Vegetation and soil degradation in drylands: Non linear feedbacks and early warning signals

Patricia M. Saco*, Mariano Moreno-de las Heras, Saskia Keesstra, Jantiene Baartman, Omer Yetemen, José F. Rodríguez

*Corresponding author for this work

Research output: Contribution to journalReview articlepeer-review

47 Citations (Scopus)

Abstract

Anthropogenic activities and climate change are imposing an unprecedented pressure on drylands, increasing their vulnerability to desertification. The spatial organization of the sparse vegetation cover is fundamental for the healthy function of the system, and disturbances can trigger cascading feedbacks leading to catastrophic system collapse. Here we discuss some of the latest research aiming at understanding abrupt landscape transitions and possible non-reversible changes, as well as emerging research on the identification of early warning indicators of abrupt transitions to desert states. Robust indicators should take into account temporal system dynamics characteristics, vegetation organization/patch size distribution, functional connectivity measures and human intervention effects.

Original languageEnglish
Pages (from-to)67-72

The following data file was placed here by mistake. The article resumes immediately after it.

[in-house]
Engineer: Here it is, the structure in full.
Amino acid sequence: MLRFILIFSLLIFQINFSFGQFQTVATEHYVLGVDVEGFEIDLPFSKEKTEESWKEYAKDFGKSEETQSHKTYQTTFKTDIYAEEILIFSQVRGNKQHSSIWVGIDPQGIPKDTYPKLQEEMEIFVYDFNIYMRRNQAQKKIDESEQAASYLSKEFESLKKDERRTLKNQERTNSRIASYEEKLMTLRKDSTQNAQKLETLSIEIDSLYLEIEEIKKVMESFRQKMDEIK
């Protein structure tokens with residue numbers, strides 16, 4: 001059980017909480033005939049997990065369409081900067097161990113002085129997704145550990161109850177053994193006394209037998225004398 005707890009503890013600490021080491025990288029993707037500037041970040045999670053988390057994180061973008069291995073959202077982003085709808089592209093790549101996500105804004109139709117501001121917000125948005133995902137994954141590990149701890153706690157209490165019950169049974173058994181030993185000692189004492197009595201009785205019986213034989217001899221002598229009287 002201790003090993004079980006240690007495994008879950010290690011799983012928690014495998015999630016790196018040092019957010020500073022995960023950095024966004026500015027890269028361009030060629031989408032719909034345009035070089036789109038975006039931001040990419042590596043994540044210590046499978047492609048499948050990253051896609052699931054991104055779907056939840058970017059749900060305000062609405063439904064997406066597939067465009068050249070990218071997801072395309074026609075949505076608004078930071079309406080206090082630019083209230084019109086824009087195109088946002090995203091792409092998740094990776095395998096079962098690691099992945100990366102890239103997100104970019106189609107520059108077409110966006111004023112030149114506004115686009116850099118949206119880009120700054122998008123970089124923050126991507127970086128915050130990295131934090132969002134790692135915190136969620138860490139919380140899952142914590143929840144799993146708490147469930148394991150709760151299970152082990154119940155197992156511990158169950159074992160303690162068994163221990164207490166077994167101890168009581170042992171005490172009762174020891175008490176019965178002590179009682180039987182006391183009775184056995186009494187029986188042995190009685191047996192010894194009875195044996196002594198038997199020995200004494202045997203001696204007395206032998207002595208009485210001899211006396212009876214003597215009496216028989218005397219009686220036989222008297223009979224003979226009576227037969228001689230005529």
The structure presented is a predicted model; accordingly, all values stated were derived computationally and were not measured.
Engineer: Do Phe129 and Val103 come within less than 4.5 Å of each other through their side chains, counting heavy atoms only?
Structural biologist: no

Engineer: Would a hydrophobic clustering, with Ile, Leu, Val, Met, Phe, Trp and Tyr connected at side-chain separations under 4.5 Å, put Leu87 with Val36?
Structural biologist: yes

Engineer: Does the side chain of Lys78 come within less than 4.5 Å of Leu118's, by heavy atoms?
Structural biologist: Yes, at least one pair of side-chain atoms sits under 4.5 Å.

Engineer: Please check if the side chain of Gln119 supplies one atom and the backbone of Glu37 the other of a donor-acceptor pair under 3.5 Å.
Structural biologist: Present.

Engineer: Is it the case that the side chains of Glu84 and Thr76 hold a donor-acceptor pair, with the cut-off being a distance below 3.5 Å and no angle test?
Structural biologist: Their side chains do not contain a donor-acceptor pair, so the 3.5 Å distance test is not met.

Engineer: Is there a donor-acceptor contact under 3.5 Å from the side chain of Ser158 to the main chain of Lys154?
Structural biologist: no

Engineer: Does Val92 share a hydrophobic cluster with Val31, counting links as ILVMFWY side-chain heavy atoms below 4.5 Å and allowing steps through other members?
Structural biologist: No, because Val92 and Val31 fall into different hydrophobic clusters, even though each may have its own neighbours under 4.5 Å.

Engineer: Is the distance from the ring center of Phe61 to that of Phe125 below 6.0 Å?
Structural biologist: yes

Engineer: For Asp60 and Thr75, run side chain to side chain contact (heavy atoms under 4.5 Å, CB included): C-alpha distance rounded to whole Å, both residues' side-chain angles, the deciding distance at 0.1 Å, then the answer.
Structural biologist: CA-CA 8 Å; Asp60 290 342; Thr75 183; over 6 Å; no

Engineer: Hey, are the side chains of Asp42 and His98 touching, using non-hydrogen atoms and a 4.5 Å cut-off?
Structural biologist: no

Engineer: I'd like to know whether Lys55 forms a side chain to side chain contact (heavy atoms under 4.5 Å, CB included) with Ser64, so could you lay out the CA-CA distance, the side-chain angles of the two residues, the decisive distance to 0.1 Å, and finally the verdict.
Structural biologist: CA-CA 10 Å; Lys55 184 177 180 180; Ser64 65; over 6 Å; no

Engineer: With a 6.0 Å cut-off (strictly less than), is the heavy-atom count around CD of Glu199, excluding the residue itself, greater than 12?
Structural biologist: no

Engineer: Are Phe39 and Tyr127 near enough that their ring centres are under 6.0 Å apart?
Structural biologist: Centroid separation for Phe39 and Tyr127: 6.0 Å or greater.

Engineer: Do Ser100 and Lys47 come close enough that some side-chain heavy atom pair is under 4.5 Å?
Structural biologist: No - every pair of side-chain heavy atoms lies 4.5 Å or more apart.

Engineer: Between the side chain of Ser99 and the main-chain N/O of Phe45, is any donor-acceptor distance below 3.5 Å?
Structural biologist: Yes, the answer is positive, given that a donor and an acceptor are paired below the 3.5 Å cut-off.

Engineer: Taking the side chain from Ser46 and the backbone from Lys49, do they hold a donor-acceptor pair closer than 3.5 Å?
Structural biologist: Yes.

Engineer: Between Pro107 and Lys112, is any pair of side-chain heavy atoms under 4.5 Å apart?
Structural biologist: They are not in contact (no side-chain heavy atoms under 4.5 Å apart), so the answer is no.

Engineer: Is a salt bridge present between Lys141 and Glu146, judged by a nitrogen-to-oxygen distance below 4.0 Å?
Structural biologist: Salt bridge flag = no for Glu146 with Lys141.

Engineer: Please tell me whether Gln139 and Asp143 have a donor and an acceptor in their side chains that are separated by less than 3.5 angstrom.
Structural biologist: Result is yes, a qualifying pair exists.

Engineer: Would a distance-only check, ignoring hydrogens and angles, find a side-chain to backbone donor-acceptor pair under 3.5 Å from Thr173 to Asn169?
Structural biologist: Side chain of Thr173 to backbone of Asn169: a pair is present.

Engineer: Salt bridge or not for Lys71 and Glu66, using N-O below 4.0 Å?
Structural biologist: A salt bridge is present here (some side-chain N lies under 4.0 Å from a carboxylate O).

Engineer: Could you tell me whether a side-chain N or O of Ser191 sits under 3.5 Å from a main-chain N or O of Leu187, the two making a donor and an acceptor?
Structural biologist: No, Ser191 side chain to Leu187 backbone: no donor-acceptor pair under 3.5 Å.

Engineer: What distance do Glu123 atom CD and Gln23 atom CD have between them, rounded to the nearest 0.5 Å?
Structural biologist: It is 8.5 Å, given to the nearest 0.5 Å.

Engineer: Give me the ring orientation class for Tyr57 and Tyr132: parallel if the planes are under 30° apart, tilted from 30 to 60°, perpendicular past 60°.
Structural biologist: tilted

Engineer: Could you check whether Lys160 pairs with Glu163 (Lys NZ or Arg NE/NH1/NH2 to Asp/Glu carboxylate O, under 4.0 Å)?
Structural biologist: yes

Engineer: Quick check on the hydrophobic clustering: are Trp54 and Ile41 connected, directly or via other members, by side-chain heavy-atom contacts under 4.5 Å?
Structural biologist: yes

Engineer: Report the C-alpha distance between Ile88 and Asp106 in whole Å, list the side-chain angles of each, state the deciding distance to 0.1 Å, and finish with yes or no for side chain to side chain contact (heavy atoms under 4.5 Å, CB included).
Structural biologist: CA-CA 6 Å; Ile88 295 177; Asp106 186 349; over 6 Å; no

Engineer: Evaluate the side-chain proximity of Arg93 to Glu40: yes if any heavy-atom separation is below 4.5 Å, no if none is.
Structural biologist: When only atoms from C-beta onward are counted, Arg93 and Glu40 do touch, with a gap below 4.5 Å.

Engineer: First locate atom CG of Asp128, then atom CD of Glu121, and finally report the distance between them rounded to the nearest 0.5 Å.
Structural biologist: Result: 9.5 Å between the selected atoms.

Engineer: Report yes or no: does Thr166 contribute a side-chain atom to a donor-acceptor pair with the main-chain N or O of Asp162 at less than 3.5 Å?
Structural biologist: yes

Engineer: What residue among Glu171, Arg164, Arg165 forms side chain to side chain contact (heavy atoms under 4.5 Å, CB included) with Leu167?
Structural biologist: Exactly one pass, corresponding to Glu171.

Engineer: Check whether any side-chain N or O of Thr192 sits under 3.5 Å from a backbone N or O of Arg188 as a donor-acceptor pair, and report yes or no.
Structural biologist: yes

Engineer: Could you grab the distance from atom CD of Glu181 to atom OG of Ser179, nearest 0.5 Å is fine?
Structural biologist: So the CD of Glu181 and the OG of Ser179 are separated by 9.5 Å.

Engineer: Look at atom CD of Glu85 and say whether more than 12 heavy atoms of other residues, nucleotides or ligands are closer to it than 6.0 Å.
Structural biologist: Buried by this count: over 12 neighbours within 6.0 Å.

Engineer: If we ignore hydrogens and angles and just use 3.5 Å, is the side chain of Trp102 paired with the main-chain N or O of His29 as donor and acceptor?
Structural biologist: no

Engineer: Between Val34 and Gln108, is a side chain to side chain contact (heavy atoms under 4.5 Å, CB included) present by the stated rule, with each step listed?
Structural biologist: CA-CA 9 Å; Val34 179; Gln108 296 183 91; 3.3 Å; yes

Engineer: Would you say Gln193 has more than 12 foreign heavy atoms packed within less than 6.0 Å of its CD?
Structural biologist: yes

Number of pages6
JournalCurrent Opinion in Environmental Science and Health
Volume5
DOIs
Publication statusPublished - Oct 2018
Externally publishedYes

Bibliographical note

Publisher Copyright:
© 2018 Elsevier B.V.

Funding

We acknowledge support from an International Visiting Fellowship from the University of Newcastle awarded to Saskia Keesstra and the COST Action ES1306 (Connecting European Connectivity research). P. Saco acknowledges support from the Australian Research Council through grants FT140100610 and DP140104178. Mariano Moreno-de las Heras is beneficiary of a Juan de la Cierva fellowship (IJCI-2015-26463) funded by the Spanish Ministry of Economy, Industry and Competitiveness. We acknowledge support from an International Visiting Fellowship from the University of Newcastle awarded to Saskia Keesstra and the COST Action ES1306 (Connecting European Connectivity research). P. Saco acknowledges support from the Australian Research Council through grants FT140100610 and DP140104178 . Mariano Moreno-de las Heras is beneficiary of a Juan de la Cierva fellowship ( IJCI-2015-26463 ) funded by the Spanish Ministry of Economy, Industry and Competitiveness .

FundersFunder number
COST Action ES1306
Saskia Keesstra
Newcastle University
European Cooperation in Science and TechnologyES1306
Australian Research CouncilDP140104178, IJCI-2015-26463, FT140100610
Ministry of Economy, Trade and Industry

    Keywords

    • Desertification
    • Drylands
    • Early warning
    • Thresholds
    • Vegetation patterns

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